Similarly, another MNC forming a JV in China found that local conditions were different in several ways from those it was used to in other, more developed, markets. Because of bad road conditions, for instance, transporting new cars resulted in higher rates of damage. The transportation company that had contracted to work with the JV was unresponsive to damage claims filed by the dealers, whose profits took a hit as a result. In response, the JV adapted the claims process by centralizing it. When the dealers banded together and pooled their claims, they increased their negotiating power.
Travel expense reimbursement was another system that had to be adapted to local conditions. JV employees with relatively low income had to pay for their travel expenses in advance and then submit them for reimbursement. But few of these employees had their own credit cards, and reimbursement typically took two to three weeks. As a result, these employees were spending less time in the field, which hurt the business. To correct the problem, the JV cut reimbursement times from an average of 15 days to 5 and negotiated with local banks to provide the employees with personal credit cards.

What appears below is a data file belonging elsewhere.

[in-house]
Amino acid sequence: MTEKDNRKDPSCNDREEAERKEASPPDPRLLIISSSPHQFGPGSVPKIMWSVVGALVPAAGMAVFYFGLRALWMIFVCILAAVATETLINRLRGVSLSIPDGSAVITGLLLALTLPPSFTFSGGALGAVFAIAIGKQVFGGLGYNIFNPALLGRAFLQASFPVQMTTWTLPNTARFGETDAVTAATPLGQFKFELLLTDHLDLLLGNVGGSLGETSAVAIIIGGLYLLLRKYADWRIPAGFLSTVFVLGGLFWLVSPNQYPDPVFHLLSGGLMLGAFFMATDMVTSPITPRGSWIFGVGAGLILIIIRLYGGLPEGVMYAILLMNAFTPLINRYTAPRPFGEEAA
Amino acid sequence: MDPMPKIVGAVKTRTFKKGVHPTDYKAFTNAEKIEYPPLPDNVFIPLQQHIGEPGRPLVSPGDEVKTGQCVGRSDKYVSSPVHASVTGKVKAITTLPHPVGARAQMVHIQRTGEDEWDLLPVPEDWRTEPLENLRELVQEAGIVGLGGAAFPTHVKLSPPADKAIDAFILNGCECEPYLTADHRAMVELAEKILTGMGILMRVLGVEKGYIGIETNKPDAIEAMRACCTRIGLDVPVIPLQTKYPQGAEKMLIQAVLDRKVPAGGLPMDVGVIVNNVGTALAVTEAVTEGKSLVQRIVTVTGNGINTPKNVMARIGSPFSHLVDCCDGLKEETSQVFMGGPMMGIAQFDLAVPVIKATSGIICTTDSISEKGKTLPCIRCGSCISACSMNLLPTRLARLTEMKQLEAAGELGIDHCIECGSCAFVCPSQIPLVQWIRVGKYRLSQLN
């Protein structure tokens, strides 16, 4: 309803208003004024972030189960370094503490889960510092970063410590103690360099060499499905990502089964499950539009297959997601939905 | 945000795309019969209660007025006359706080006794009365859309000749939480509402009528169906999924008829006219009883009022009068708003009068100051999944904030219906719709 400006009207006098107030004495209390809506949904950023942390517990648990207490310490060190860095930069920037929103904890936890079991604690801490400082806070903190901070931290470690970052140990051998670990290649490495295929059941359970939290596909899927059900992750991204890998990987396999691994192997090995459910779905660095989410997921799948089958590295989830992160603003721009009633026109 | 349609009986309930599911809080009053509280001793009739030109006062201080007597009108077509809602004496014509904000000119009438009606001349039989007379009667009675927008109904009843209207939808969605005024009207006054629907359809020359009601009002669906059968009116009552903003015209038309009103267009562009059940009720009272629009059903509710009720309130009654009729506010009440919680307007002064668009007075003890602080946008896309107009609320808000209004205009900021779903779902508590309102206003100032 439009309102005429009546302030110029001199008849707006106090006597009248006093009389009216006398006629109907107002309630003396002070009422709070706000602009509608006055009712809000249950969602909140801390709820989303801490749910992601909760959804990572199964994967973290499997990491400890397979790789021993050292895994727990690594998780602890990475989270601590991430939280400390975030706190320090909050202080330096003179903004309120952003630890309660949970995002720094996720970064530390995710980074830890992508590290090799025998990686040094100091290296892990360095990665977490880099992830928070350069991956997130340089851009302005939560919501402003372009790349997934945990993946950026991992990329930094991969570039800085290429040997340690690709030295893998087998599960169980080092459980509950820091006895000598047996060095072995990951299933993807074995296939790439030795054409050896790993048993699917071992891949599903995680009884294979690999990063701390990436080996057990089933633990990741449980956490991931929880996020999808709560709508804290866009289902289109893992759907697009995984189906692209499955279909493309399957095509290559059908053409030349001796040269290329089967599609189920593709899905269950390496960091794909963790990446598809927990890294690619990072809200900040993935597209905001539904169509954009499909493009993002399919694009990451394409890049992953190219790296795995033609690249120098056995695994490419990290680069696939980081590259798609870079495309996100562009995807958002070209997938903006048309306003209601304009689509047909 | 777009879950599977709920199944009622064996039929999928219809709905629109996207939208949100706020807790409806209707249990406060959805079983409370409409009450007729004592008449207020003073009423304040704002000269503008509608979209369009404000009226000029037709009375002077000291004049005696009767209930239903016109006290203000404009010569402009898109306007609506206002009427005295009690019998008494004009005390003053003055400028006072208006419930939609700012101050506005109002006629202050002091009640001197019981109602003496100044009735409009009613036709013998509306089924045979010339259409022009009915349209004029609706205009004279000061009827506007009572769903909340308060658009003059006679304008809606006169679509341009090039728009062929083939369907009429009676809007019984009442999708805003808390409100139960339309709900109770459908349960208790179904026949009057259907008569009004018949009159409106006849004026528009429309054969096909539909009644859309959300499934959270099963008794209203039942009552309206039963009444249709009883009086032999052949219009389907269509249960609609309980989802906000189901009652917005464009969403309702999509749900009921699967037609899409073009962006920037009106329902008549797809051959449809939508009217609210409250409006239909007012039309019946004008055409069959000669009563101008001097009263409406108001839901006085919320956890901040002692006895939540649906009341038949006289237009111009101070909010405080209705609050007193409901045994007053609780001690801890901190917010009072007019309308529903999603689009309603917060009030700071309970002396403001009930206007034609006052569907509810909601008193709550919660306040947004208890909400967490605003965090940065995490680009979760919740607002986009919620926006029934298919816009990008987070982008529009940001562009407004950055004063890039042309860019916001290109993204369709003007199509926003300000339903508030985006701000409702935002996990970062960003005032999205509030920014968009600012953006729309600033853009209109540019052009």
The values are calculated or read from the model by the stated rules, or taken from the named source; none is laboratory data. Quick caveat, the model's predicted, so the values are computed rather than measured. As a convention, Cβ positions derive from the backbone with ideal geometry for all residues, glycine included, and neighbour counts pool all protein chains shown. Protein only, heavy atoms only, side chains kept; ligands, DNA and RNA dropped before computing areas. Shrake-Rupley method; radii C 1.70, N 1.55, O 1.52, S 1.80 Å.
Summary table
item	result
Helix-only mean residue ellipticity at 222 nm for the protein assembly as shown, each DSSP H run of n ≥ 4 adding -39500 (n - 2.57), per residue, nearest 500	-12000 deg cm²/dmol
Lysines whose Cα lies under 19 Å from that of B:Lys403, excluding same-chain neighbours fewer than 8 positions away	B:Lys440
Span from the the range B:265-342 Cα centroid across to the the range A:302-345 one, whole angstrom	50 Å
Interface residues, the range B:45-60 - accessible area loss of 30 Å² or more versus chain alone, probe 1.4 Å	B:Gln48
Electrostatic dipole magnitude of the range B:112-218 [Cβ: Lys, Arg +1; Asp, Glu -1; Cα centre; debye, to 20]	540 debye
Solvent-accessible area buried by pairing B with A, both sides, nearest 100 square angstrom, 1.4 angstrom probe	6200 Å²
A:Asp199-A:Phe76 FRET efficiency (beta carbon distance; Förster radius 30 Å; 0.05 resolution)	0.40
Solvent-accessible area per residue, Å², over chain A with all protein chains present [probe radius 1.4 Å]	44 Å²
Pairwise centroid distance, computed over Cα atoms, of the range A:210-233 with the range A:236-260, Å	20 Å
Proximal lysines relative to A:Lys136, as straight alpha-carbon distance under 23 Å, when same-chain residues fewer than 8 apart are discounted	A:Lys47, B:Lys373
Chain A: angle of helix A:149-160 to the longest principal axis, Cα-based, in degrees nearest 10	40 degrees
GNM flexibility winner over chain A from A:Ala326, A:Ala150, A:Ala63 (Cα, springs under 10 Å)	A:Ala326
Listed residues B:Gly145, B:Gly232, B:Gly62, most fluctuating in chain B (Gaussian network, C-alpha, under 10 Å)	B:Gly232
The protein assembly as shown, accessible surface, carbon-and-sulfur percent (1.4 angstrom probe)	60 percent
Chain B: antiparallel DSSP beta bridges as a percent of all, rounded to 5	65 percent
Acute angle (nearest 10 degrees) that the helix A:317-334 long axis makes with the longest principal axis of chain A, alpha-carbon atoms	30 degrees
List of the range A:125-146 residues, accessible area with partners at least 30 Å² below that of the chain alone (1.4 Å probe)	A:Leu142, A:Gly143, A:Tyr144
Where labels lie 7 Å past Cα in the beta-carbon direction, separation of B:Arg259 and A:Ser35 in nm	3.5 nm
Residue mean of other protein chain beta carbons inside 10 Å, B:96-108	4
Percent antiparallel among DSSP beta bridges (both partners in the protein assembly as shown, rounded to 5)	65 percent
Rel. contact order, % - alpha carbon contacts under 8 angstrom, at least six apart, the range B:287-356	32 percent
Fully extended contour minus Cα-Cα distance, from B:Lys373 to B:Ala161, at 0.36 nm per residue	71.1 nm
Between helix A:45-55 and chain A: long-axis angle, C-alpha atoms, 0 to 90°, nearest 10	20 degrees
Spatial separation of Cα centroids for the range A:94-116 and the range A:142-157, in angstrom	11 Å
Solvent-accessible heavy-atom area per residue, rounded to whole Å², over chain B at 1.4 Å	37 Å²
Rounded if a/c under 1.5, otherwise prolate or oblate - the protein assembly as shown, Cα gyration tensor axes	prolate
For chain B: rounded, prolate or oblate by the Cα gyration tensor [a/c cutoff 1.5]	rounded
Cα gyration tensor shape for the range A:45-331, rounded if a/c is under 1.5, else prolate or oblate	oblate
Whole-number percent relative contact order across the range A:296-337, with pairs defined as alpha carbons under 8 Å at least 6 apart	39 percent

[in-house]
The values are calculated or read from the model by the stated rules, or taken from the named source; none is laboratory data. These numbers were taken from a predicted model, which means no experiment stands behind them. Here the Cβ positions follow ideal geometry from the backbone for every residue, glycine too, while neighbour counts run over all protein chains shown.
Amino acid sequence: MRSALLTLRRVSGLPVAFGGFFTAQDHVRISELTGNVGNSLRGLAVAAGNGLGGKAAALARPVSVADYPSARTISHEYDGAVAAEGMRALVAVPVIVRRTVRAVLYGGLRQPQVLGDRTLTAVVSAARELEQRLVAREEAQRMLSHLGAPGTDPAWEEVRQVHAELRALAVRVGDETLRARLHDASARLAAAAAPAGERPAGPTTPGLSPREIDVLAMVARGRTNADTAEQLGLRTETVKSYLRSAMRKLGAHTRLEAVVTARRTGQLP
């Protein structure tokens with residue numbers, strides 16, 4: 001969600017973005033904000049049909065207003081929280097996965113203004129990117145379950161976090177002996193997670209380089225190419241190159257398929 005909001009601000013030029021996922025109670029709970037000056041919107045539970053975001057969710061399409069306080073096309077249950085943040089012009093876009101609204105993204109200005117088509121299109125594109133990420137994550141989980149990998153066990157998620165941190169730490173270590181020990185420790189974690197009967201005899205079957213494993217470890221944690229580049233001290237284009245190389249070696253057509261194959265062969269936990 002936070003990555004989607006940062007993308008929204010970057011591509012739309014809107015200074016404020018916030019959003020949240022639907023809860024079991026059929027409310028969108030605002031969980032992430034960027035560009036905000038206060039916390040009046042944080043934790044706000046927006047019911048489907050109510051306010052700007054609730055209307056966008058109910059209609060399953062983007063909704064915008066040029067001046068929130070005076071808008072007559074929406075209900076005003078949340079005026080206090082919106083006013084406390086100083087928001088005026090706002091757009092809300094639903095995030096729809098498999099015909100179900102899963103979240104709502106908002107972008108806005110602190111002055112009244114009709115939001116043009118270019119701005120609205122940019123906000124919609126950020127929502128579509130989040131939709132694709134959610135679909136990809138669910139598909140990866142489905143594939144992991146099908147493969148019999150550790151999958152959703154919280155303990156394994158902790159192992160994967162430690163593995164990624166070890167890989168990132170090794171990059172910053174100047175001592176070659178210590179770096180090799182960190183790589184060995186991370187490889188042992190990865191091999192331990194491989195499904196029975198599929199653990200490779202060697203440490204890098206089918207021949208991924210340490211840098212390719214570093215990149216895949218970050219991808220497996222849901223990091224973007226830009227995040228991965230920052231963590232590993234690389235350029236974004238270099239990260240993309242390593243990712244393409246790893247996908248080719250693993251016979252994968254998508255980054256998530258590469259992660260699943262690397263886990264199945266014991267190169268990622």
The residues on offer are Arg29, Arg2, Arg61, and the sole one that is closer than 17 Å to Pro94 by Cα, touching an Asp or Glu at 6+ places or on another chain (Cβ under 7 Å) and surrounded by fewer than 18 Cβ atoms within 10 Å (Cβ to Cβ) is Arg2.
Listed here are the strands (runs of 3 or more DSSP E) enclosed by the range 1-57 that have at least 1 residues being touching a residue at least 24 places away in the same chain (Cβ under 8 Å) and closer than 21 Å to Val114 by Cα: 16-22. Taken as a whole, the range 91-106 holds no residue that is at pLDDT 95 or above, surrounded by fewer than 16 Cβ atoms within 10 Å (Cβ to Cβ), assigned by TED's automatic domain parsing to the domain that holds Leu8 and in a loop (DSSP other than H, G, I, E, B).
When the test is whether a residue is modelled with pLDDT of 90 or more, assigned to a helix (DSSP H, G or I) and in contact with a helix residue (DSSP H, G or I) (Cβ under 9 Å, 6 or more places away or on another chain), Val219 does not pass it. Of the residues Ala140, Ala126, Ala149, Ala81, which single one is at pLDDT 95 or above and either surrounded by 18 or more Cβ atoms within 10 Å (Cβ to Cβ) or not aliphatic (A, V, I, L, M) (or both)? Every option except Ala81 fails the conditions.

To maintain JV focus on day-to-day operations, limit highly strategic discussions to board of directors meetings and hold managers accountable for execution by using performance metrics tied to incentives. For example, consider the approach of one JV, which holds discussions of highly strategic issues only during its annual board meeting or in separate one-on-one sessions. With this approach, managers are less distracted by strategic concerns and political issues and can focus on executing the strategy and running the business more efficiently. The JV also sets clear performance measures for each manager’s tasks, links incentives to those metrics, and defines repercussions when targets aren’t met. The performance appraisal process is strictly managed, and high performers are rewarded with exceptional career opportunities.